Nancy Buller: I’ve been entrepreneurial for as long as I can remember. In college, I took an entrepreneurship class where the professor and all of our guest lecturers, including Bezos of Amazon, told us, the one thing about starting a company is that even after your great idea and endless planning and preparation, you will still not have all of the answers. But don’t be afraid to jump in and figure it out as you go! My first business venture was a wedding planning business that I started with my girlfriend as a side job in the early days of our careers.  We did pretty well, but most importantly we learned that our mentors were correct, sometimes it’s worth the risk of just getting going, no matter the outcome. The experience is very rewarding.

BB: Regarding the timing of Couleurs de Saison’s start, did forming a business during a recession intimidate you or motivate you?

NB: Before deciding to start my business I worked for 7 years for the same company and had a great job, but something was missing in my life.  Despite having security, I was unable to find peace and pure joy in my everyday experiences.  I began to focus on the fact that I would only find my happiness if I ventured out on my own, to create my own life. I made the giant leap to quit my stable, well-paying job with health benefits, to find my own dream in this world, despite the plummeting economy. To me, the impact on our economy and the fears we now face as a nation have no real end in sight. The idea of “riding” out the economy in a corporate position could mean forever staying corporate. The challenges of starting a business in this recession motivate me to find a way, even in the toughest of circumstances.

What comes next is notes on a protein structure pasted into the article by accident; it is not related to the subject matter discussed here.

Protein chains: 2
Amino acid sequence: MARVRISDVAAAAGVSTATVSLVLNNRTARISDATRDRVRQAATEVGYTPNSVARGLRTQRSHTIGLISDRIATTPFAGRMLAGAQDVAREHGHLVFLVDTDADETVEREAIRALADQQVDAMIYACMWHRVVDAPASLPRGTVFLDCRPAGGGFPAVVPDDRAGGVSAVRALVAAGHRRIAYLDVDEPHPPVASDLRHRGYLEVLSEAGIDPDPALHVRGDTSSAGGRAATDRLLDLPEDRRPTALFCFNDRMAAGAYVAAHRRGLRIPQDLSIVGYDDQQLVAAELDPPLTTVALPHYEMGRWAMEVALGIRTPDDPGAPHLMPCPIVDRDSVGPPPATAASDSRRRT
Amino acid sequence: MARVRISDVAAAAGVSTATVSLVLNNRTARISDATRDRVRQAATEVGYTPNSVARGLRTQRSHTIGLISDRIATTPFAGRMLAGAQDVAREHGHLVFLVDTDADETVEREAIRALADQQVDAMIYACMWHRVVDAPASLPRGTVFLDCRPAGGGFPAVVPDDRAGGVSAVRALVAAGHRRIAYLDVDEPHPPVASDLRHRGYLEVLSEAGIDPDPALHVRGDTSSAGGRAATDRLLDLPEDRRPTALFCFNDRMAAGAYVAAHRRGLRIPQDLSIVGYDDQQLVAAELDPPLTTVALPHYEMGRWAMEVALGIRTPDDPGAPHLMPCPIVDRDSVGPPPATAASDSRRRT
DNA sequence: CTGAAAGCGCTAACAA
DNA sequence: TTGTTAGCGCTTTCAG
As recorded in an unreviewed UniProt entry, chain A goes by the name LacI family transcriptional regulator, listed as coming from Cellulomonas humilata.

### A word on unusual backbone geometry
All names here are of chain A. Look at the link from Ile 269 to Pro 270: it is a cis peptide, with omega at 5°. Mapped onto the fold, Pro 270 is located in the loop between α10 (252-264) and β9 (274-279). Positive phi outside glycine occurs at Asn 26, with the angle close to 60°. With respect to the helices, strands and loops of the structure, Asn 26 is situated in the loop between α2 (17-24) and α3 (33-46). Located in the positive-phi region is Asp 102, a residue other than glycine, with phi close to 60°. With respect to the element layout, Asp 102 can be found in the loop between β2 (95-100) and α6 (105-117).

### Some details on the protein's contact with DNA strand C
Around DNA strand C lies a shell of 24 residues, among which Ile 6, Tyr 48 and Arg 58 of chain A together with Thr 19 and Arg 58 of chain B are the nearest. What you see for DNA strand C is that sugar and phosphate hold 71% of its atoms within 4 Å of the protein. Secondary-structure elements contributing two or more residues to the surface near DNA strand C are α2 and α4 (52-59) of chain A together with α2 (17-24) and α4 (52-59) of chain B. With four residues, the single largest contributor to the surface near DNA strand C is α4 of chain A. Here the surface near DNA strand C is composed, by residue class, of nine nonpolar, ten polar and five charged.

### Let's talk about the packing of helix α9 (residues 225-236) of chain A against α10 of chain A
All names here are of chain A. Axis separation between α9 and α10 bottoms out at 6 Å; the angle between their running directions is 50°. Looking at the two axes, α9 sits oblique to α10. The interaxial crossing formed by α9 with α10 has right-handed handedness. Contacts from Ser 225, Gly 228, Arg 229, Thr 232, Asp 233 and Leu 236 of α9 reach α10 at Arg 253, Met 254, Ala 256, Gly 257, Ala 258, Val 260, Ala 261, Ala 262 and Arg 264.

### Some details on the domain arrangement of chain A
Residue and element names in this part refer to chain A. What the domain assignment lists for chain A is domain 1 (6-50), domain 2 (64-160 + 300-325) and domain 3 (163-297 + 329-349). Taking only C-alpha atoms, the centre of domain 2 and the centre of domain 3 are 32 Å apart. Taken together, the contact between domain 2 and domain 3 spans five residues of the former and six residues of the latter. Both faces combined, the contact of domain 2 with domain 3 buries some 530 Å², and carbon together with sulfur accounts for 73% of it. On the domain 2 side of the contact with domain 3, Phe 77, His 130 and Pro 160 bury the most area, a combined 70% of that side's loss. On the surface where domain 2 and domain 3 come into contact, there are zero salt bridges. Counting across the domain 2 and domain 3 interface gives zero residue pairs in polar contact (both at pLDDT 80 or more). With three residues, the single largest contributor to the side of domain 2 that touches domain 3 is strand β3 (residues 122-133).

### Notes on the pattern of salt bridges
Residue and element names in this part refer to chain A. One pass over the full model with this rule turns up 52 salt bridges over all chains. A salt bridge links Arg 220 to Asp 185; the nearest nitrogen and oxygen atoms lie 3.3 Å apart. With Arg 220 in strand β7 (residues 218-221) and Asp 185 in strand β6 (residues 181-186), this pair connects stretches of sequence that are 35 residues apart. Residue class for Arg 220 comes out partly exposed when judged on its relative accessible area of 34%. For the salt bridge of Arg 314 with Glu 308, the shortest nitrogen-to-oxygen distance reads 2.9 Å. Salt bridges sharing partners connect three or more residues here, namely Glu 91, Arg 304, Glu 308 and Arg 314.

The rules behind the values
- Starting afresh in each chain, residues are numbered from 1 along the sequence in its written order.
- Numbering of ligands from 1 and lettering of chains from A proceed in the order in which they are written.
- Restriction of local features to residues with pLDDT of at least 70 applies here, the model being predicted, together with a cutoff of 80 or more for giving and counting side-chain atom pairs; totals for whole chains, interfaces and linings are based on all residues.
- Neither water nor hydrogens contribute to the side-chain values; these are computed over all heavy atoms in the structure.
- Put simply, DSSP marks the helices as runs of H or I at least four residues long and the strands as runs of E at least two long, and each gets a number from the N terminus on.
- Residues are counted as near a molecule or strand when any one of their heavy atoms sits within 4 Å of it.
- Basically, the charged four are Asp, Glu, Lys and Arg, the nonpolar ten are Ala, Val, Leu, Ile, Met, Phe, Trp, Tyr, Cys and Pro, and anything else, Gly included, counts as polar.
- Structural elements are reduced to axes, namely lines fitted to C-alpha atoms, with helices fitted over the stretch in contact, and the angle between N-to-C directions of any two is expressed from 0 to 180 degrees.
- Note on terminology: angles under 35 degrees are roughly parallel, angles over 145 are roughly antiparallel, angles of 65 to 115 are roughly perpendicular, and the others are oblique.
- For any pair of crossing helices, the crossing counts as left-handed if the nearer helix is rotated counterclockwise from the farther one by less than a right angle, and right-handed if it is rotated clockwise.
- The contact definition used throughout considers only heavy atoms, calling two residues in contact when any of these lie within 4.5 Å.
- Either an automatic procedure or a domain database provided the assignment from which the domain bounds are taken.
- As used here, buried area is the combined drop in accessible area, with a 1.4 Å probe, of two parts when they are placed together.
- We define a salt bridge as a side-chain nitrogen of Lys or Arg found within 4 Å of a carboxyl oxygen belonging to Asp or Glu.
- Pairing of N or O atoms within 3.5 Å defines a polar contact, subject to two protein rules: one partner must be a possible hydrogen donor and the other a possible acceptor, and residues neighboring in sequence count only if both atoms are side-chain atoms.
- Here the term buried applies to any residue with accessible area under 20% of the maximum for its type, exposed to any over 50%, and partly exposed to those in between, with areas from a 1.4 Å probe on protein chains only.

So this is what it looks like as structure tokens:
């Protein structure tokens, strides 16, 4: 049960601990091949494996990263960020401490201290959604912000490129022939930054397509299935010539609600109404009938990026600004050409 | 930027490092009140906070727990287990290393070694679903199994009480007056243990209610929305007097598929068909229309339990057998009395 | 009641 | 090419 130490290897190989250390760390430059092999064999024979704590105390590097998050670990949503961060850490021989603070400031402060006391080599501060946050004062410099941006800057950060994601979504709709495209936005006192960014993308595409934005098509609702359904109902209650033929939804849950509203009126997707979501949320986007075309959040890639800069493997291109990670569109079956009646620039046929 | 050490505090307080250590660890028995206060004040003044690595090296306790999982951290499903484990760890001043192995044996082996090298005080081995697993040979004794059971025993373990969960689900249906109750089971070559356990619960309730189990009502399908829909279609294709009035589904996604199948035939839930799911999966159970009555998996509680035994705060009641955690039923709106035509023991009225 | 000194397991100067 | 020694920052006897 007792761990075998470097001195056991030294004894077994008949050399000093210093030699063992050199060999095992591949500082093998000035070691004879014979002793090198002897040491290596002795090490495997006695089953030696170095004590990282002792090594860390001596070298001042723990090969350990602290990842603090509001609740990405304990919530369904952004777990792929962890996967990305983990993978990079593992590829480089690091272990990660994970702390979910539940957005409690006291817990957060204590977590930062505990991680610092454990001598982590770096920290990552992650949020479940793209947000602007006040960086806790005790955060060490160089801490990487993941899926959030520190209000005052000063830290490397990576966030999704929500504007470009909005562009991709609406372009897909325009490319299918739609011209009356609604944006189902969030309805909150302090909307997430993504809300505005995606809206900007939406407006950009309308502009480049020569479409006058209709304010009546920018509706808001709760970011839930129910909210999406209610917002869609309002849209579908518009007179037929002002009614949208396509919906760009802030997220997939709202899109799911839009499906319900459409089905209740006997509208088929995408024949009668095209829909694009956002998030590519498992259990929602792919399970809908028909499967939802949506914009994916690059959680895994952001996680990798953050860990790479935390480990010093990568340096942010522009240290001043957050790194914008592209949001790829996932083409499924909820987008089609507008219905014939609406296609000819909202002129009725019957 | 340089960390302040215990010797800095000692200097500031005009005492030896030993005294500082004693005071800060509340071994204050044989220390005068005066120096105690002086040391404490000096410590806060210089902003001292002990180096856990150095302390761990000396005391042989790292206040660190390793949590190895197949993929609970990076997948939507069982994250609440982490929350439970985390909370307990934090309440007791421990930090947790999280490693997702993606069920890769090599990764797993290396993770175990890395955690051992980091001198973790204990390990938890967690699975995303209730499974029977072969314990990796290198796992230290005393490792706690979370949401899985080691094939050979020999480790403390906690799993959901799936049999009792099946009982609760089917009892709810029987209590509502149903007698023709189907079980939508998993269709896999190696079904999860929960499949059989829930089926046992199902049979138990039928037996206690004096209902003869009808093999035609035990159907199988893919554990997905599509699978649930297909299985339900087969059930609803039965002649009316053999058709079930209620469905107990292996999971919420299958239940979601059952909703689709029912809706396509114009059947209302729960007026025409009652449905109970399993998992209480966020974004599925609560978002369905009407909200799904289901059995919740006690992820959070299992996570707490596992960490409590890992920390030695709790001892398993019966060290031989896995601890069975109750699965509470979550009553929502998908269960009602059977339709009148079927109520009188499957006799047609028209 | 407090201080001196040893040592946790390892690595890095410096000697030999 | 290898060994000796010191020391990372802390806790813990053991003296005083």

BB: I’m sure there are countless hurdles to successfully launching a new business, but what, if any, hurdles did you face specifically as the result of being a woman?

NB: For me, the biggest hurdle I faced was myself. Self-doubt can be overwhelming, and when you are a woman, it seems even more likely that you’ll doubt yourself because of pre-conceived notions that are in our society.

Luckily I have had the pleasure of having very strong woman professionals and entrepreneurs inspiring me. Volunteering for the Jr. League of Seattle, a non-profit solely operated by smart and confident women, and working for my mentor for more than 7 years, a very successful woman entrepreneur, have helped me overcome my self-doubt.

BB: What is the best thing you did during your first few months in business?

NB: Make mistakes! I made a lot of big mistakes in the first few months of business, and of course I am still making them, but I am definitely learning and becoming more empowered for it. Also, talking with others openly and honestly about your business and your mistakes is extremely enriching. Sometimes it is easy to get trapped in the vacuum of your own mind and ideas, talking with others helps you reach the perspective you couldn’t see as easily on your own.

BB: Are there particular hurdles in your business or industry that you anticipate facing in the coming year? If so, how are you poised to address those challenges?

NB: Primarily our business was focused on the wholesale operations and we made a U.S. tour visiting multiple cities throughout the country looking for potential retail customers.  City after city, we directly saw how many independent businesses were hit hard by our economic downfall. Retail spaces everywhere were vacant, with mainly large corporate retailers remaining.  Our biggest challenge as a small and independent company is to continually differentiate ourselves from the deep-pocketed retail conglomerates. We try to do this by offering unique products by French designers that are mostly made in France and Morocco.